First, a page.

At the onset of WWII, the German army was supplied with sidecar machines in the form of the R12, and to a lesser extent the R71. Midway through the war, BMW introduced the purpose built R75. A robust OHV pushrod engine with 750 cc displacement, coupled with a complex, low geared gearbox, sporting on and off road gearing, as well as reverse, the machine proved its worth on the battlefield. It was a true GS (Gelande Strasse). There was ample power to pull 3 passengers, often with machine gun mounted. Occasionally small utility or ammo trailers were fitted to the rear.
|Photo from wehrmachtgespann.de|
At the conclusion of the war motorcycle production in Germany ceased. It wasn't until 1948 that BMW was again allowed to produce motorcycles, however displacement was limited to 250 cc. The R24, based on the prewar R23 design was produced for two years before Allied forces eased restrictions, and the twin cam 500 cc R51/2 was added to the BMW line-up.
|R24's fresh from the factory line in 1948.|
The racing motorcycles that survived the war (many by being hidden underground, or in hay lofts) were unearthed and circled Teutonic tracks once again.
Those wishing to compete in larger displacement categories, or sidecar divisions, had no options as far as new production. Many ingenious riders took to modifying the well constructed R75WH sidecar motors and placed them in either pre-war or post war plunger frames.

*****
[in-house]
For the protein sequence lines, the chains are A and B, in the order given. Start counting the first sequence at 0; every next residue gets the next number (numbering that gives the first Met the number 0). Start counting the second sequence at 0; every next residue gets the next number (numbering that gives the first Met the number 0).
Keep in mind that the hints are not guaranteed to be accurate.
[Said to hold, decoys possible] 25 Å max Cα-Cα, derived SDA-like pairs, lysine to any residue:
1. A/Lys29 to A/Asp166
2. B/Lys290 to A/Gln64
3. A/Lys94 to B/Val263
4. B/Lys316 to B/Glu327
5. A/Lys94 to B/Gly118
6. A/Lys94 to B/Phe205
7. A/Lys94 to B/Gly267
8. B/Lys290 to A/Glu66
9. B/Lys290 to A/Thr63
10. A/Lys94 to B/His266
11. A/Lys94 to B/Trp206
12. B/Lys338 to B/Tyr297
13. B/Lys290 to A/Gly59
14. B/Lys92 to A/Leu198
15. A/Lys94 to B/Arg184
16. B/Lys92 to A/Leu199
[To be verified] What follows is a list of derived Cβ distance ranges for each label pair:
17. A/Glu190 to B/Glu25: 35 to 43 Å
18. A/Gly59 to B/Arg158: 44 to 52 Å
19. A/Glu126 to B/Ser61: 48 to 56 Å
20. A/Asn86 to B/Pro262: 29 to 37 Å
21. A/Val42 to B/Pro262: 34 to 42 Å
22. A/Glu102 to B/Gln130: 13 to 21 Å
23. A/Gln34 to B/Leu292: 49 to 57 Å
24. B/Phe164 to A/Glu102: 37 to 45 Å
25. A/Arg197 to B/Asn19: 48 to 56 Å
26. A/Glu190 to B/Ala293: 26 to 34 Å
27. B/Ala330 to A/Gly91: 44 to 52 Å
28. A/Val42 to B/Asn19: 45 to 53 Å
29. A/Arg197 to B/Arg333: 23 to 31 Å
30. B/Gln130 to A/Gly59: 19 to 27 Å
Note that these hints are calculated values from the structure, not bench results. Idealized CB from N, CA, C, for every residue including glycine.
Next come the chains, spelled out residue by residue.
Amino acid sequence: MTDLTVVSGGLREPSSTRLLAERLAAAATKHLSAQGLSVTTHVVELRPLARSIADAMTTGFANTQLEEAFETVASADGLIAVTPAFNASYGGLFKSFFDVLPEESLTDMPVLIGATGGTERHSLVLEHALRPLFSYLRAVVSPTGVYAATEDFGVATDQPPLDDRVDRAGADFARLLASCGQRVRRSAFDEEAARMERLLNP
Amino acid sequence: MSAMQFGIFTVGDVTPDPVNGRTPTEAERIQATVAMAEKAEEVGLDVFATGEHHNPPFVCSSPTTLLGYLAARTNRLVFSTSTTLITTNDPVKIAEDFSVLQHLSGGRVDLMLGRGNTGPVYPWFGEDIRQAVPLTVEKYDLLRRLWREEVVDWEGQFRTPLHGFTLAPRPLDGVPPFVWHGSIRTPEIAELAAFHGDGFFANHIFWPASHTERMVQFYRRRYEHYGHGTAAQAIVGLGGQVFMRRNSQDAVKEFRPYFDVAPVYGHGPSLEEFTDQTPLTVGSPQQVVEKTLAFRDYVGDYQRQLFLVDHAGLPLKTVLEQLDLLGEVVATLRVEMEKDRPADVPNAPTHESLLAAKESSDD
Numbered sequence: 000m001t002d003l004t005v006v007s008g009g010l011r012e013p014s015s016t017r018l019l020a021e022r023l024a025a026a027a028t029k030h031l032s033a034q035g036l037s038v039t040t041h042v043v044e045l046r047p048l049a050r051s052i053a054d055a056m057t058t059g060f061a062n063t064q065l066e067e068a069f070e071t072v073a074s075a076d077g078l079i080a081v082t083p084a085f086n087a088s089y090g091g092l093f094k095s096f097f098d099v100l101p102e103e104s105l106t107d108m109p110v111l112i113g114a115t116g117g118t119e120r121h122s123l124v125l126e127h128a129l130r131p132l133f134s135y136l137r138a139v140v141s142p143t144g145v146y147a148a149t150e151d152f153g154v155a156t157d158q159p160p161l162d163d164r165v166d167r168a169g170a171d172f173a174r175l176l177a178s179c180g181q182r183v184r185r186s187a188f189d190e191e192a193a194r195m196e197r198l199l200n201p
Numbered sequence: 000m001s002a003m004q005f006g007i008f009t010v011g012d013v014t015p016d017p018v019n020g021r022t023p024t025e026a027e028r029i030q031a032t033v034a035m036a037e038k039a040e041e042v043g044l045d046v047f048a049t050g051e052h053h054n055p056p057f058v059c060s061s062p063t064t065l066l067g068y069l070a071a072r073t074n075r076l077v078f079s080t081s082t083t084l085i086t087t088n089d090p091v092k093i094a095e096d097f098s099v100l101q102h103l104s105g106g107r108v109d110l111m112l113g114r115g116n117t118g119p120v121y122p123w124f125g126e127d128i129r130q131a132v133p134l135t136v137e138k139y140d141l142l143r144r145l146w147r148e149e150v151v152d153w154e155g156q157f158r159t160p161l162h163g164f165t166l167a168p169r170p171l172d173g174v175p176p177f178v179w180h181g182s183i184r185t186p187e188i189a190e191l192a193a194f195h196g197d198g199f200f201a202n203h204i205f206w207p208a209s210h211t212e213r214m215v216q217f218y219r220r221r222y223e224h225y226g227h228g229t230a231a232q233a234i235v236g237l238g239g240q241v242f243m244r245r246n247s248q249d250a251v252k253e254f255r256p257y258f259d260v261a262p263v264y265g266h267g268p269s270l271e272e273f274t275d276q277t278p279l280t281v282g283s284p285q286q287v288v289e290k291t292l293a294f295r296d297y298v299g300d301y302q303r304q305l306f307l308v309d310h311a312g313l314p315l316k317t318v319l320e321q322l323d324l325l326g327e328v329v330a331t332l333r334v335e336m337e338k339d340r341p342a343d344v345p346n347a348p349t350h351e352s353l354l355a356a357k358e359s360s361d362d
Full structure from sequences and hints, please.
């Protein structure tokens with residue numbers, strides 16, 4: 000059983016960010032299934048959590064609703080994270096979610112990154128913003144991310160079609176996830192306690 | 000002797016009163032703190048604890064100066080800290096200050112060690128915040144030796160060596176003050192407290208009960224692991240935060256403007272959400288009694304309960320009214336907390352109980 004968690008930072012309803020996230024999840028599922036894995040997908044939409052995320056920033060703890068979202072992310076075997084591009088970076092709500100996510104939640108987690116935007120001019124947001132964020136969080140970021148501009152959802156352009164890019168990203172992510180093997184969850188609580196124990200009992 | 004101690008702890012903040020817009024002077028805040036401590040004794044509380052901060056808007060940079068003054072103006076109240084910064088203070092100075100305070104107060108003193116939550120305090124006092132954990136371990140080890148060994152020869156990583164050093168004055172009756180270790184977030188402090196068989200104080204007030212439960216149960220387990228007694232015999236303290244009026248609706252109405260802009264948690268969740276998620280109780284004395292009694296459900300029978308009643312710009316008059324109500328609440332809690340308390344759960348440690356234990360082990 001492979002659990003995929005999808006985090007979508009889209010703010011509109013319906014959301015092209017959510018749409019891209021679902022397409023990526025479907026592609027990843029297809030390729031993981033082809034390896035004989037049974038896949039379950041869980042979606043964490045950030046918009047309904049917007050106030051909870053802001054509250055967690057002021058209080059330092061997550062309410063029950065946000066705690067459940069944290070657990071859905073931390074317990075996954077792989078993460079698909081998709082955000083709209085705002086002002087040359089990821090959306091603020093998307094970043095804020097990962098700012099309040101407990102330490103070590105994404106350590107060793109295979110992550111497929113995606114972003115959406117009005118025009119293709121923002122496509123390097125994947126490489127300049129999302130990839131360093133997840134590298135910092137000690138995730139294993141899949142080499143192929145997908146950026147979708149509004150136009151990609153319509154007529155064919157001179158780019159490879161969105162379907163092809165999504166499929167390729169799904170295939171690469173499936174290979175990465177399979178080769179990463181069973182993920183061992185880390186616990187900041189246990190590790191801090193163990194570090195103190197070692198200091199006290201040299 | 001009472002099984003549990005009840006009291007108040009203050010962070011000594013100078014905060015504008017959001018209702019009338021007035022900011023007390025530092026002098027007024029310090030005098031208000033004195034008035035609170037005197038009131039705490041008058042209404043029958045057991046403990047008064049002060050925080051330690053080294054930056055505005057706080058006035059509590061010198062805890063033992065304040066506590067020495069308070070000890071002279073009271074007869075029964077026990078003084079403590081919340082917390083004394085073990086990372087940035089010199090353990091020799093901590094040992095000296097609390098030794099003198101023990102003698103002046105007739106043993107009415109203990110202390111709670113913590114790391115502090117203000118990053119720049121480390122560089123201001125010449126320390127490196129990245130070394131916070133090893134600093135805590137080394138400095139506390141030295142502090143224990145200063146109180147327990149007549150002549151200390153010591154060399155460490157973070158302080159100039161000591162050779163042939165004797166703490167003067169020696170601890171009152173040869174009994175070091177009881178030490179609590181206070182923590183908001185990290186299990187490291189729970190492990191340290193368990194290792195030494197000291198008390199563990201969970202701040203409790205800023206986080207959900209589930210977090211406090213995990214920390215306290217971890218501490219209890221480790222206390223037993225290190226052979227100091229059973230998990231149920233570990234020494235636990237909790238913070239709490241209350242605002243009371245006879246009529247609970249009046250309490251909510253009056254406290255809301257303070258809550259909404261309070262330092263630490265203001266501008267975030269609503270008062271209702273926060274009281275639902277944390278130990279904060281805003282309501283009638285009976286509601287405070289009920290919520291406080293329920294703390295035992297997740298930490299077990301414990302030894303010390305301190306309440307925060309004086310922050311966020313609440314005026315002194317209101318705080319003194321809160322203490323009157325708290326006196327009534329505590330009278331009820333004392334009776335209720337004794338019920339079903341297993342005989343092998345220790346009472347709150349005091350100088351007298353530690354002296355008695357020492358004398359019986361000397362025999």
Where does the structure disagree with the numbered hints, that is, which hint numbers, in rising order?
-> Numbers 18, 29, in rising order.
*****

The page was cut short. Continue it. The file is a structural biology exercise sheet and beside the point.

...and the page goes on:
These bikes have been called many things, with monikers including R73 (a cross between an R71 and R75) as well as R51/75. Such bikes were successfully campaigned in solo and sidecar classes.
|R75 Seitenwagen, BMW Group Classic Collection, München|
Also, note the faltenbalge used on the front forks and rear suspension as a weight saving measure.
|R75 Seitenwagen. This machine was for sale a few years ago.|
|R75 Seitenwagen, Zweirad Museum, Neckarsulm|
Unlike many pre- and post war BMW motorcycles, the R75 motor does not easily drop into a plunger frame without some frame modification. The front engine bolt on the R75 actually goes through a boss in the front engine timing cover, instead of the bottom of the crankcase as is typical for pre- and post war plunger motors. As such, one needs to weld to the frame a point of attachment for the front motor mount bolt.
Below are some pictures of a privateer racer with German pedigree. For more information you can check out RCS Racing
|R51/75 Rennmaschine, solo, 1950 (authors collection)|